Recomendation:
For teenagers about to embark on studies or life choices this book is a pleasant encouragement about life and making choices while also touching on the dangers of not making a choice or following the wrong crowd.

THIS BOOK HAS AN EASTER EGG!!!
There is a page at the very end with a song list to go with the chapters so give it a try while reading along for a little extra sensory experience.

Many thanks to Harlequin Publishers for supplying this book in exchange for my honest review.
– Crystal

Blog Tour: Take Three Girls by Cath Crowley, Simmone Howell and Fiona Wood

3 amazing women collaborate on 1 amazing book.. This is a must read for all teens!!! It’s the ultimate Aussie Contemporary YA of 2017!!!

Take Three Girls follows 3 students: Kate, a quiet boarder, making some risky choices to pursue the experimental music she loves. Clem, shrugging off her old swim team persona, exploring her first sexual relationship, and trying to keep her annoying twin, Iris, at arm’s length.  Ady, grappling with a chaotic family, and wondering who her real friends are, she’s not the confident A-lister she appears to be. When their private boarding school, St Hilda’s, establishes a Year 10 Wellness Program in response to the era of cyberbullying, the three girls are thrown together and an unlikely friendship is sparked. One thing they have in common, each is targeted by PSST, a site devoted to gossip and slander that must have a source within St Hilda’s.

Who can you trust when rumour is the new truth?

While I was reading this book, I couldn’t help but feel thankful that I’m not a 16 year old in today’s world.. This book covered many issues teens face in today’s world but one issue that resonated with me was the aspect of cyber bullying and social media trolling. When I was in high school, yes bullying existed in the school yard which was bad enough but that’s where it stayed – in the school yard. In today’s world it creeps into cyber space where it effects the home environment and it’s also immortalised. Even if you were to pack up and move away for a fresh start, cyberbullying can follow you.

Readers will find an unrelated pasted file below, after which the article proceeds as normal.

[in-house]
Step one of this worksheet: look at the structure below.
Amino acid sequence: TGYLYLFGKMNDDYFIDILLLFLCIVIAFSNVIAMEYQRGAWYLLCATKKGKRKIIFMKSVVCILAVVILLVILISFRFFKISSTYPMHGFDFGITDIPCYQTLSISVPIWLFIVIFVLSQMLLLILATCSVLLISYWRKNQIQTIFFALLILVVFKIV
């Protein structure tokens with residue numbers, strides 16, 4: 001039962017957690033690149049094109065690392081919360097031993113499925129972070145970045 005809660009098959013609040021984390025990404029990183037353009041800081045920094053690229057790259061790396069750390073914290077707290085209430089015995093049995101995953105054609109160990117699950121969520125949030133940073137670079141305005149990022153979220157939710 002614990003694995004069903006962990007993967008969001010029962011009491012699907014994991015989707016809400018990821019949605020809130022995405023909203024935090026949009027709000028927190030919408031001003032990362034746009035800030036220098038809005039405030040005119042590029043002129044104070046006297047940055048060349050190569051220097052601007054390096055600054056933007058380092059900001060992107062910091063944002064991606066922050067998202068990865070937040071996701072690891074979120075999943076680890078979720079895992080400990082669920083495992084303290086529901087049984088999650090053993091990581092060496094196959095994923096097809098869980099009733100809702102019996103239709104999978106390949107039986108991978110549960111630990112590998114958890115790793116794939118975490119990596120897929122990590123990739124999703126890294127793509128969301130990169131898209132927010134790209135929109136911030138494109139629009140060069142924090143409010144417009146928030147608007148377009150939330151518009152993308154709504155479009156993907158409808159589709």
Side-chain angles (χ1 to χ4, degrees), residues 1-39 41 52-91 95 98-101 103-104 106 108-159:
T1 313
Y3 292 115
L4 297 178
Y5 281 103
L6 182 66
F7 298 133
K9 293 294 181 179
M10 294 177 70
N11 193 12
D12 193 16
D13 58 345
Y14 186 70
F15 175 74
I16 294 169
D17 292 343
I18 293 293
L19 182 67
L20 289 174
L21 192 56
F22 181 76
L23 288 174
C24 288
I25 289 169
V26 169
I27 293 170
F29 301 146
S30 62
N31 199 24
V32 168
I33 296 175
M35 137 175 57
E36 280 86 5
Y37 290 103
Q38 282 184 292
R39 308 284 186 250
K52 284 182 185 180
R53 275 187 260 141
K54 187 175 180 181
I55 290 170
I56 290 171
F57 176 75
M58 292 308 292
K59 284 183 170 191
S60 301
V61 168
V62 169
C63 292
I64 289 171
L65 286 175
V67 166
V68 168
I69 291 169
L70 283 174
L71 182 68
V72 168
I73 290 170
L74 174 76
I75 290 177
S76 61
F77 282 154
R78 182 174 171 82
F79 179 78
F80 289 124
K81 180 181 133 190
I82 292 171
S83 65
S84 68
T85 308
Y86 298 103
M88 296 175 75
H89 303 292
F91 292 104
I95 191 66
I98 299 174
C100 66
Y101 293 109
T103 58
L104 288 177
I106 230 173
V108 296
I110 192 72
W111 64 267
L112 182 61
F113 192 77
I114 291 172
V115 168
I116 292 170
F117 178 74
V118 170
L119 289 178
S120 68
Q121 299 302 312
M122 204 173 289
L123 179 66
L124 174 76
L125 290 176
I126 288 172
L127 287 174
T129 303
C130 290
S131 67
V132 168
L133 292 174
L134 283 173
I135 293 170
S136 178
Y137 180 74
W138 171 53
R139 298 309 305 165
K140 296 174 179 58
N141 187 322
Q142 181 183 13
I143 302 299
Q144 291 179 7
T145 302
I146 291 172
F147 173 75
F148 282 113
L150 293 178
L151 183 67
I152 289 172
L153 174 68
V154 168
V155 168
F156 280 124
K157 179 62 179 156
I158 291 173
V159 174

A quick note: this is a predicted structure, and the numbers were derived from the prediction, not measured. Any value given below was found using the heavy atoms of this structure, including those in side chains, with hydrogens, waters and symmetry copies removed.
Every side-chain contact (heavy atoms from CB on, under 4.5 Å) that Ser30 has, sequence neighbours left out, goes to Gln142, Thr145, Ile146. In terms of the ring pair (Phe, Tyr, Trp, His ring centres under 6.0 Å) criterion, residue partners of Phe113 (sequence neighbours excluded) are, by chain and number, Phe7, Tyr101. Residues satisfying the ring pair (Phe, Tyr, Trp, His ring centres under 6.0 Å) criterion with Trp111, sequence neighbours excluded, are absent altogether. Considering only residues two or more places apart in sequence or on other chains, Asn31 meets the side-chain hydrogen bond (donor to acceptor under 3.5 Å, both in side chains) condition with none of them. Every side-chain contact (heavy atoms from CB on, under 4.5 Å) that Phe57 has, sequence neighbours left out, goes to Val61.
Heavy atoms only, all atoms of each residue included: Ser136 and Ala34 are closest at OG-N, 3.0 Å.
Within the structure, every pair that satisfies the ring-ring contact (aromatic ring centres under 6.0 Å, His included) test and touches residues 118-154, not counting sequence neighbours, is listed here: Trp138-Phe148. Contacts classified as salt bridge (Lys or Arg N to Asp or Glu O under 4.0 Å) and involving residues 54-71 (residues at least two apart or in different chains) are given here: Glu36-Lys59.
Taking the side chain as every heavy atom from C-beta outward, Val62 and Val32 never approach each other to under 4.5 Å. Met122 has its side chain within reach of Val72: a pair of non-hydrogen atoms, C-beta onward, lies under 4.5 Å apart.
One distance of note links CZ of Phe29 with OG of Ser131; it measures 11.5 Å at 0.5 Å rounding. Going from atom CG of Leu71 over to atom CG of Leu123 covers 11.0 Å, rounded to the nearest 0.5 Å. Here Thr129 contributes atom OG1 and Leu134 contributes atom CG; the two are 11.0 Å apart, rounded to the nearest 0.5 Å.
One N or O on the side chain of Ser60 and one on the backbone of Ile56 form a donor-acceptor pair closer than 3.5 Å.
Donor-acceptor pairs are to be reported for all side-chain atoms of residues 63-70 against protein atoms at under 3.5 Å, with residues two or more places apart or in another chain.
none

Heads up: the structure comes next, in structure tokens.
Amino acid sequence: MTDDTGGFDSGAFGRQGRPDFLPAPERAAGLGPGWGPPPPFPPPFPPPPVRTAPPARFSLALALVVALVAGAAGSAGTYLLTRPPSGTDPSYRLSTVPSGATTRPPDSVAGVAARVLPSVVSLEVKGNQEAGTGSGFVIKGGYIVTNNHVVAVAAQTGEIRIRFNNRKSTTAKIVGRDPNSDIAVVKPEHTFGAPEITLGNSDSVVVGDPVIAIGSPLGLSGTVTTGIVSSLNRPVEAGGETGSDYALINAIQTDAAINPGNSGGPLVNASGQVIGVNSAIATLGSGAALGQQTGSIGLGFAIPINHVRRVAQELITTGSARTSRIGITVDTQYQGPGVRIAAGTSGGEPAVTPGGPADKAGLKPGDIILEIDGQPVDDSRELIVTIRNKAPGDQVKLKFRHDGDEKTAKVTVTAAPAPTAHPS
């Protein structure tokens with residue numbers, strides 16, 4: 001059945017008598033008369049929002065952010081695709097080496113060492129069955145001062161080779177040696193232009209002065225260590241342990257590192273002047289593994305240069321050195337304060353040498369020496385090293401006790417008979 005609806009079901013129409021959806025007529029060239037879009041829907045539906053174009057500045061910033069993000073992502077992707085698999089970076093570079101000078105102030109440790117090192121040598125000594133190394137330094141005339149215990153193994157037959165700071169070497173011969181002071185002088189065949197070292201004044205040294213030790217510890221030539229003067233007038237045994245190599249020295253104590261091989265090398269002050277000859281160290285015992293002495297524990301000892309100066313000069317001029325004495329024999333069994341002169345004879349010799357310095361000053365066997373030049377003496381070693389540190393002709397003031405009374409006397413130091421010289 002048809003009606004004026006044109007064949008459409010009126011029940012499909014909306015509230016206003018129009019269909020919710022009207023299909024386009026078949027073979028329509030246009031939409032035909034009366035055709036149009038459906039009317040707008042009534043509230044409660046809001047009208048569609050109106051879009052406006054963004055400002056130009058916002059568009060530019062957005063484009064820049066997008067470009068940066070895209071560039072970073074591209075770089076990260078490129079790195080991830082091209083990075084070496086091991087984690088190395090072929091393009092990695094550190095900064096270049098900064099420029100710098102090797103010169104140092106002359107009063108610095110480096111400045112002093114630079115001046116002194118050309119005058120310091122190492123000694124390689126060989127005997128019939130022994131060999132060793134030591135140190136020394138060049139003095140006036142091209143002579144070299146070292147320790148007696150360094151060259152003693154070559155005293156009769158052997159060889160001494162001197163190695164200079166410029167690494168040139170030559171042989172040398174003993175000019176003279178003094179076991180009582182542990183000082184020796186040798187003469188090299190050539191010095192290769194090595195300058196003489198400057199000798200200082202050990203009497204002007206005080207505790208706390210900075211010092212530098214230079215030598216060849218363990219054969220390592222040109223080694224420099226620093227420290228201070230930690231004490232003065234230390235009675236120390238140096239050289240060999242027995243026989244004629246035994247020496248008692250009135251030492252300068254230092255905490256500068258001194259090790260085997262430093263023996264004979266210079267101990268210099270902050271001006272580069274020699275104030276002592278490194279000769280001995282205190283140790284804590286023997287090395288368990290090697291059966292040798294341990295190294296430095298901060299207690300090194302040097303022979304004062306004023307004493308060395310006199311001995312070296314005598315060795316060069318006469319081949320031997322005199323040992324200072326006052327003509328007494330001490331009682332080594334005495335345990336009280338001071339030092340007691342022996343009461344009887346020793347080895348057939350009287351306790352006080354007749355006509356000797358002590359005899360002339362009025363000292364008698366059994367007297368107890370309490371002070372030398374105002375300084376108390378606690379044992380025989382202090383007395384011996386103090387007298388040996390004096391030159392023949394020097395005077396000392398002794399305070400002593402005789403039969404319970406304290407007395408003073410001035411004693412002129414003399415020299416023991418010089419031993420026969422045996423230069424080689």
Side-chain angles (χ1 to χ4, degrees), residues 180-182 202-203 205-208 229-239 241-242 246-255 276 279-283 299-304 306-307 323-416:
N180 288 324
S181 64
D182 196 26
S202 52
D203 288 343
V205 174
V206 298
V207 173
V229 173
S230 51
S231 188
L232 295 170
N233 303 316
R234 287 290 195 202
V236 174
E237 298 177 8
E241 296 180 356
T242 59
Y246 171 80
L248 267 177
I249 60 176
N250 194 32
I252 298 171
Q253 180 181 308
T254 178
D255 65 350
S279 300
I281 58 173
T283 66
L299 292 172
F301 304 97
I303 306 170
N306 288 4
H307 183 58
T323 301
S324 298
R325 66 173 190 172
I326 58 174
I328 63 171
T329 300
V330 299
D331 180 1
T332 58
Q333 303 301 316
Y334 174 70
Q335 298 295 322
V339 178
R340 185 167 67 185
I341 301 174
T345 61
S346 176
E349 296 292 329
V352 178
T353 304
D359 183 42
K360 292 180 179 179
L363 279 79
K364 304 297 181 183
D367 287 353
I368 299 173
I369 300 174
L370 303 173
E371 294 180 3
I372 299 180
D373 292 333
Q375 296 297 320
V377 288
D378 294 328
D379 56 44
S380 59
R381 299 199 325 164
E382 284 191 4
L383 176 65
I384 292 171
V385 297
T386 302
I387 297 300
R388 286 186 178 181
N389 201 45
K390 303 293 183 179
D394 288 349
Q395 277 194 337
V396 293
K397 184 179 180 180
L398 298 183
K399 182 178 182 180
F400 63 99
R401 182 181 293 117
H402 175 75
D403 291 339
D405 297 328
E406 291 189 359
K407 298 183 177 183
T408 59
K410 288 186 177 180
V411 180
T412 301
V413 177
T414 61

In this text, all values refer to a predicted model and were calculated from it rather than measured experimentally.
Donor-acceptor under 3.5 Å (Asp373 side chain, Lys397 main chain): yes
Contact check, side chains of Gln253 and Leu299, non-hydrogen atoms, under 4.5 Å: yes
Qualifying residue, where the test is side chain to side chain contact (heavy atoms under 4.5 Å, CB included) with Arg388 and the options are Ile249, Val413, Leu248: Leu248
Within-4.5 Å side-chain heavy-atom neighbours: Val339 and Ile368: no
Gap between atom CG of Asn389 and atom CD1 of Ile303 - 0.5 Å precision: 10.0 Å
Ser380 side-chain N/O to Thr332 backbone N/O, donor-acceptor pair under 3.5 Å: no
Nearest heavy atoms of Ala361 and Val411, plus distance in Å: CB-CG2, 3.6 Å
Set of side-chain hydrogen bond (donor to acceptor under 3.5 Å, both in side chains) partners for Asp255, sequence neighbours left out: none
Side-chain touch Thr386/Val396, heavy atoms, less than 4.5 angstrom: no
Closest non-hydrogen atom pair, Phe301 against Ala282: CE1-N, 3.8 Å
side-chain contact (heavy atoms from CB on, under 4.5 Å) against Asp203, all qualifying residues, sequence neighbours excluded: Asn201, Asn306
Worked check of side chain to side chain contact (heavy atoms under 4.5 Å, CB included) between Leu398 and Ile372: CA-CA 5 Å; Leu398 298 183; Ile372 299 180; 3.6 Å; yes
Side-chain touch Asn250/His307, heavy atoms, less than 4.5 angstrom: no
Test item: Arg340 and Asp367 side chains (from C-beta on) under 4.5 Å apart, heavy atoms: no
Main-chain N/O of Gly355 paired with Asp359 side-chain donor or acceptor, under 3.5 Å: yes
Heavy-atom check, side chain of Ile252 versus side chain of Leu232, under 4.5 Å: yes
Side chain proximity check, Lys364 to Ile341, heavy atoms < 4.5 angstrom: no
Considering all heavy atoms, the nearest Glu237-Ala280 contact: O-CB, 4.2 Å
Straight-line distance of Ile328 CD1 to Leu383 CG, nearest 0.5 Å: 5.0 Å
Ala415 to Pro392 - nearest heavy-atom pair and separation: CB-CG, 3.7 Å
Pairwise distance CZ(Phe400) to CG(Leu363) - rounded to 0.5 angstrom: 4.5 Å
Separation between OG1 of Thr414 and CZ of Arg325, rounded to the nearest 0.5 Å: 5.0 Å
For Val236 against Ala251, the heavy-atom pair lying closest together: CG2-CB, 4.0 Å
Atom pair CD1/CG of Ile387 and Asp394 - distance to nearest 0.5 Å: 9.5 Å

I felt this book is relevant, important and sends positive messages to all teens through a raw and funny means of reading about deep themes that need to be discussed – effects of cyberbullying, the sense of identity, friendship and even feminism. I loved the format of the book as I was reading journals and a story narrative. The dialogue was intelligent and humorous and I loved the friendship between Kate, Clem and Ady and regardless of how diverse they were in social status, background or current issues, the wellness program brings them together and it was just great to read about.
  A great book… A fantastic collaboration of 3 female Australian authors.. I would have to say this is the ultimate Aussie YA Contemporary of 2017!!!
Special thanks to Pan Macmillan Publishers for inviting me to be part of this Blog Tour and for sending me an Advanced Review Copy in exchange for my honest review.
-Annie

One by Sarah Crossan

This is a must read for YA fans… I read this book in one sitting!!!

A moving and beautifully crafted story about identity, sisterhood and a love that ultimately asks one question: what does it mean to want and have a soulmate?

“One” is a story about Grace and Tippi, who are twins – conjoined twins and it follows their lives in high school as they have to decide whether or not to have the operation which will physical separate them.

I have always struggled to enjoy poetry but this book did the impossible. It made me love the poetry style with which this story is told. This story, and the poetry prose through which it was told, was a raw, personal story which had me feeling every emotion.

I loved this book and could not stop hugging this book after I finished the story.
-Amanda

 

The Art of Being Normal by Lisa Williamson

Two boys.. Two secrets..

David Piper has always been an outsider. His parents think he’s gay. The school bully thinks he’s a freak. Only his two best friends know the real truth – David wants to be a girl. On the first day at his new school Leo Denton has one goal – to be invisible. Attracting the attention of the most beautiful girl in year eleven is definitely not part of that plan. When Leo stands up for David in a fight, an unlikely friendship forms. But things are about to get messy. Because at Eden Park School secrets have a funny habit of not staying secret for long

The writing style and characters in this book were both engaging. I found myself flying through the pages and getting lost in the story. It’s written in such a way that I deeply cared for many of the characters and cried a few times. The characters felt authentic and the story is full of heart.

Representation is important. I’m so happy to have read a book that is so rich and is a high quality YA novel.

-Amanda